To the victor go the spoils, history is written by the winners, etc. But it’s more (and less) than that: just as the fairly hysterical media coverage post-Brown did not paint an accurate portrayal of what was really going on, or what was likely to happen, the surprise passage of HCR is not going to transform moderates into liberals. It doesn’t need to. Unless the bill begins rescinding peoples’ coverage because of pre-existing conditions or bankrupting families who can’t pay their bills (oh wait, that’s what is already happening), it stands to reason that HCR will never be more unpopular than it was last Saturday. After Sunday, the bill can only get more popular in direct proportion to the number of people who realize it’s not only not the end of the world, but actually a pretty swell thing. This transformation is already underway(not just the big shift in public opinion in recent polls); each day that goes by without any of the more outrageous Republican predictions coming true is another opportunity for T&R (Truth and Reality) to vanquish the hysteria.
All of this still applies. Only more so.
The Roberts ruling was unexpected, and frankly underscores how freakishly right-wing his compatriots have become. Alito, Thomas and Scalia are like the unholy trinity representing a genuine repulsion for anything resembling progress, equity or tolerance. They are appalling, repugnant human beings. It will be delectable to see the GOP turn on their golden boy, who has gone from icon to outcast in less than one news cycle. Welcome to the jungle, John.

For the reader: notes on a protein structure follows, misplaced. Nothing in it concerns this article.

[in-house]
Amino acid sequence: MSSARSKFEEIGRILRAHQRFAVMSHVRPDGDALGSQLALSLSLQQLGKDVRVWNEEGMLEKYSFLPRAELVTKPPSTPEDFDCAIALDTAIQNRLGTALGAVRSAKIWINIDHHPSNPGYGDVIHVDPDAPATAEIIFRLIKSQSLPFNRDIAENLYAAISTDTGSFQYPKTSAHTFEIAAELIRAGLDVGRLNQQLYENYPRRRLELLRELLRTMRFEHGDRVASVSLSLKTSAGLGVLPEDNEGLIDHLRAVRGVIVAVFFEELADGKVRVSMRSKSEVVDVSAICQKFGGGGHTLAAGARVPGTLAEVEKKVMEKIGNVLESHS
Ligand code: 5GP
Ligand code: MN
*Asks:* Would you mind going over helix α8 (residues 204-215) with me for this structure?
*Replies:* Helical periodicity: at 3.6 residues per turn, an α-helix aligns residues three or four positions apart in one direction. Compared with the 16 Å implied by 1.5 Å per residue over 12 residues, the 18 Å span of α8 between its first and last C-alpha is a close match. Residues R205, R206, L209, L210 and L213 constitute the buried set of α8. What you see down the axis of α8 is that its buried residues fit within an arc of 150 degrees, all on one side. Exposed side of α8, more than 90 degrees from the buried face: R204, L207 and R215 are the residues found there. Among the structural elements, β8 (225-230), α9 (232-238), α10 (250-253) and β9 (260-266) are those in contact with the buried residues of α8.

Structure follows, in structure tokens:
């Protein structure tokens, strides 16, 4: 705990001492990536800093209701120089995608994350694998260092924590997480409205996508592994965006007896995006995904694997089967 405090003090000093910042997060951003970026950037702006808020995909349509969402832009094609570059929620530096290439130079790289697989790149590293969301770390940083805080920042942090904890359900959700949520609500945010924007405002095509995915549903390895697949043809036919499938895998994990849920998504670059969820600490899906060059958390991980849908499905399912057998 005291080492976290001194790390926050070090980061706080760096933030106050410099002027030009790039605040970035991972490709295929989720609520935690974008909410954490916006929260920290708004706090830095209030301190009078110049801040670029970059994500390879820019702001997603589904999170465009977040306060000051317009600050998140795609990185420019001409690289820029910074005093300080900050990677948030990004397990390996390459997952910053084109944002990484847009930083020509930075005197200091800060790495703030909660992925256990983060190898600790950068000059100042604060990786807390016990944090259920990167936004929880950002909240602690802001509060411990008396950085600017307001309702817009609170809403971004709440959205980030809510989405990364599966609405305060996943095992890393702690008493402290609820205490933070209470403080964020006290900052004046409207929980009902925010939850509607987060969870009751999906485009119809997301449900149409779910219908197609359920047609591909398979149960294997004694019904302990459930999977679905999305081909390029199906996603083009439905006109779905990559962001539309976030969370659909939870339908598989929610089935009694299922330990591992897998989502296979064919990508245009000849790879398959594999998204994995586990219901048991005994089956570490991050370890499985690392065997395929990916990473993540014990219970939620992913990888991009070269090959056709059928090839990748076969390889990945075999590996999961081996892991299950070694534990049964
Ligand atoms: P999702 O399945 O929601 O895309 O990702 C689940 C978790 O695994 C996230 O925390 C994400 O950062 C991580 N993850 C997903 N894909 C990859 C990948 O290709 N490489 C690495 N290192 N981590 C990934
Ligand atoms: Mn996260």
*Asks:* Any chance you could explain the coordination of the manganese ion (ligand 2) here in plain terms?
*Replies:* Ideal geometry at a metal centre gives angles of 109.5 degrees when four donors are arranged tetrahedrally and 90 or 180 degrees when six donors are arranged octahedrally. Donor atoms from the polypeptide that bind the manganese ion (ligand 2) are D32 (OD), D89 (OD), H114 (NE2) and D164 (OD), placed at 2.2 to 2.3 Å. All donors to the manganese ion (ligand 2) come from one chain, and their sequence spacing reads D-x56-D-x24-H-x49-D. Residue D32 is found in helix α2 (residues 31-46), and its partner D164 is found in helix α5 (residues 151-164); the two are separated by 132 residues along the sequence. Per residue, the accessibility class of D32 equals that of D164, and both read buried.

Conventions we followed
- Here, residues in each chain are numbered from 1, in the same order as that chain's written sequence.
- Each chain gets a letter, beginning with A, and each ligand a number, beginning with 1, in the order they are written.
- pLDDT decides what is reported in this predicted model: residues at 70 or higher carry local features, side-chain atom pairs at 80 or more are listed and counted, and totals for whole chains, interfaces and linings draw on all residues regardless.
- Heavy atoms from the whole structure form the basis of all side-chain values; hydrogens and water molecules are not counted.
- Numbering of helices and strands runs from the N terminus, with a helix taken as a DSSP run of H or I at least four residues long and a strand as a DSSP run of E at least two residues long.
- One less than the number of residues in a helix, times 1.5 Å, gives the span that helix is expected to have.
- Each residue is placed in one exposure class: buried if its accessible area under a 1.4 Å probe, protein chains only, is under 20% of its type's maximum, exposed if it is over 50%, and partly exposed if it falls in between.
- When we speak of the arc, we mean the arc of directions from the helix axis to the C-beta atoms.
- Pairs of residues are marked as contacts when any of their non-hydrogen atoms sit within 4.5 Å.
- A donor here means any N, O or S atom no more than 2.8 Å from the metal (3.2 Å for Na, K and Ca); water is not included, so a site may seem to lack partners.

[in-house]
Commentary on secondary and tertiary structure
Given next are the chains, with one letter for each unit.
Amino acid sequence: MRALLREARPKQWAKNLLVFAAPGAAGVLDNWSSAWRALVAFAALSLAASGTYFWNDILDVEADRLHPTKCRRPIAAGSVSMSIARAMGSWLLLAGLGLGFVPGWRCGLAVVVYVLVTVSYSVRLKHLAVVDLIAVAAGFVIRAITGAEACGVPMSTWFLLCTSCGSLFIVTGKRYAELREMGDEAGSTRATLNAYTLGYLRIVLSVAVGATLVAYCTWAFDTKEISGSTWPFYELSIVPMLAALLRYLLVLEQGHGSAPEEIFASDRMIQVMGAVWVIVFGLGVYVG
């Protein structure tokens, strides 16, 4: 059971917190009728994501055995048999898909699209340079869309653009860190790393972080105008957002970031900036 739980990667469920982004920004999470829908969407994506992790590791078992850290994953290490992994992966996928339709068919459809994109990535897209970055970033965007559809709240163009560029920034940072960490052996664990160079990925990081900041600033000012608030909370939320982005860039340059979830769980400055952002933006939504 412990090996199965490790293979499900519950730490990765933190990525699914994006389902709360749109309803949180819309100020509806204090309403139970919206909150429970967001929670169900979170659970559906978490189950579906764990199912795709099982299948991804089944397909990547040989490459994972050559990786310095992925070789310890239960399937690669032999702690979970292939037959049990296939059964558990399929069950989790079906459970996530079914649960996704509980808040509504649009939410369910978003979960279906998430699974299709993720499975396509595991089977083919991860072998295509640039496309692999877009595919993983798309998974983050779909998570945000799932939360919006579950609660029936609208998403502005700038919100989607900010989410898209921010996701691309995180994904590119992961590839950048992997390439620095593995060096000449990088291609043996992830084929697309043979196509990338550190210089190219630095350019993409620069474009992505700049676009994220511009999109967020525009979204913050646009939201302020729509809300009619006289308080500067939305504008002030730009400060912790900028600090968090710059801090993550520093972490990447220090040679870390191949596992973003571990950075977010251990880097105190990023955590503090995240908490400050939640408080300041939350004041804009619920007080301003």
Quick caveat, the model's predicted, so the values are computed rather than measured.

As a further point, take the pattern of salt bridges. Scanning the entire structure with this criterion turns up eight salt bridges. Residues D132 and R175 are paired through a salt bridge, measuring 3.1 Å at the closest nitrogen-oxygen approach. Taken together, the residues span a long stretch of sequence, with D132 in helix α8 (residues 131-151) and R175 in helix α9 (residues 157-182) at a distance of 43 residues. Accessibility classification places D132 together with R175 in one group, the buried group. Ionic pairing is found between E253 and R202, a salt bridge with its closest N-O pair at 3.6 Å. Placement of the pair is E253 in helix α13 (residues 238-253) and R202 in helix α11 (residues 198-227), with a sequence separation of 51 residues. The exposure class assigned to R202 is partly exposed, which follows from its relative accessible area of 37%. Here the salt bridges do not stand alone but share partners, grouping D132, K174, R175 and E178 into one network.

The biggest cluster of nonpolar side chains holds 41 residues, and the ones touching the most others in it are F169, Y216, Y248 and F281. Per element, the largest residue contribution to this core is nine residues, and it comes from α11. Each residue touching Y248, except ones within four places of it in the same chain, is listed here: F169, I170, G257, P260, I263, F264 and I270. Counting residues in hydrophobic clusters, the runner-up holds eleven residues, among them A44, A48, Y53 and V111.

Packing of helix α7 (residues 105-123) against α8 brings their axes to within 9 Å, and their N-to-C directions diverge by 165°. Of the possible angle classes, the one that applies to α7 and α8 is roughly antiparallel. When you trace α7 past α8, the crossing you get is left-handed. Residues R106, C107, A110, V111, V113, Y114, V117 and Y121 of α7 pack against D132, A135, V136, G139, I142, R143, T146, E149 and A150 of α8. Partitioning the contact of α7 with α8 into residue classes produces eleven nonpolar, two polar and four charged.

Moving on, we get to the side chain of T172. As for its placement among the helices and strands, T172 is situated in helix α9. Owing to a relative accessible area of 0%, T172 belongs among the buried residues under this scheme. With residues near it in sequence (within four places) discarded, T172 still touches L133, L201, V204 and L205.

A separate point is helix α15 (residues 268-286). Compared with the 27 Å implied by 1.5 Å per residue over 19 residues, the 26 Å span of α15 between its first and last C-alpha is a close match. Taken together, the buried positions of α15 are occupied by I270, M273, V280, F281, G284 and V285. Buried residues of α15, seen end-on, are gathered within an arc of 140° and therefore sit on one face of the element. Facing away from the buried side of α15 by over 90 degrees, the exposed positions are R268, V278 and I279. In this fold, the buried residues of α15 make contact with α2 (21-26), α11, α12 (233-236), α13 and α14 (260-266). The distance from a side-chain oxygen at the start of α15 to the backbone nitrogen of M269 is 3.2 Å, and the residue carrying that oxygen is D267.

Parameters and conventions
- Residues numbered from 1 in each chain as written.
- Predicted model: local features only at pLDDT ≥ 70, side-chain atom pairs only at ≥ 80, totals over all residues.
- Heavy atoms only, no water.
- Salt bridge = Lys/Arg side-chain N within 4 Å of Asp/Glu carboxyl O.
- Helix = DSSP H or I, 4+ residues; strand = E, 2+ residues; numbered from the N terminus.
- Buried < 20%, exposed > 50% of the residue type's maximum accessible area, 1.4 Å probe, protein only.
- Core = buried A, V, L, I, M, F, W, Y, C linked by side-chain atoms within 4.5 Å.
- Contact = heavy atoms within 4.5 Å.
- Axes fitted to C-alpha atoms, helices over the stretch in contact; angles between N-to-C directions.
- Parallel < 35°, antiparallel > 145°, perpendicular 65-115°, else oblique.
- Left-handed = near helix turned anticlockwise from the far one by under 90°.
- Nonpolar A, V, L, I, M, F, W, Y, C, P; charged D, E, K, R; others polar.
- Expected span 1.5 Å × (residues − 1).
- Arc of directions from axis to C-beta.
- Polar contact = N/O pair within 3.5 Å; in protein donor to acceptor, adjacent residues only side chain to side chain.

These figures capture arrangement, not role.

Let’s break it down to brass tacks: Obama got a gift here; let’s hope he uses this to push harder instead of retreating to the “conciliatory” gestures that have served him so poorly thus far. First order of business: he needs to beat Romney with this 24/7 and begin laying out a new mantra: this policy is good for people, despite what you’ve heard, etc. And it was devised at the Heritage Foundation (yes ladies and gentleman, until very recently, this was a Republican idea and one that was enthusiastically endorsed until a Democrat had the audacity to hope he could sell it). And finally: Mitt did this in his own state. Make it impossible for him to continue his mealy-mouthed, intelligence-insulting retreat from both history and reality.
Next: messaging. Boy has this administration been lousy (and lazy) in terms of articulating some simple talking points, and defending its own achievements (despite the 24/7 noise from the Right Wing Machine, it’s ludicrous, to take one notable example, that so few people understand that Obama has consistently cut taxes, not raised them). The temerity and incompetence of his staff could be ameliorated quite easily. Hint: I’d do it for free. Here’s something off the top of my head: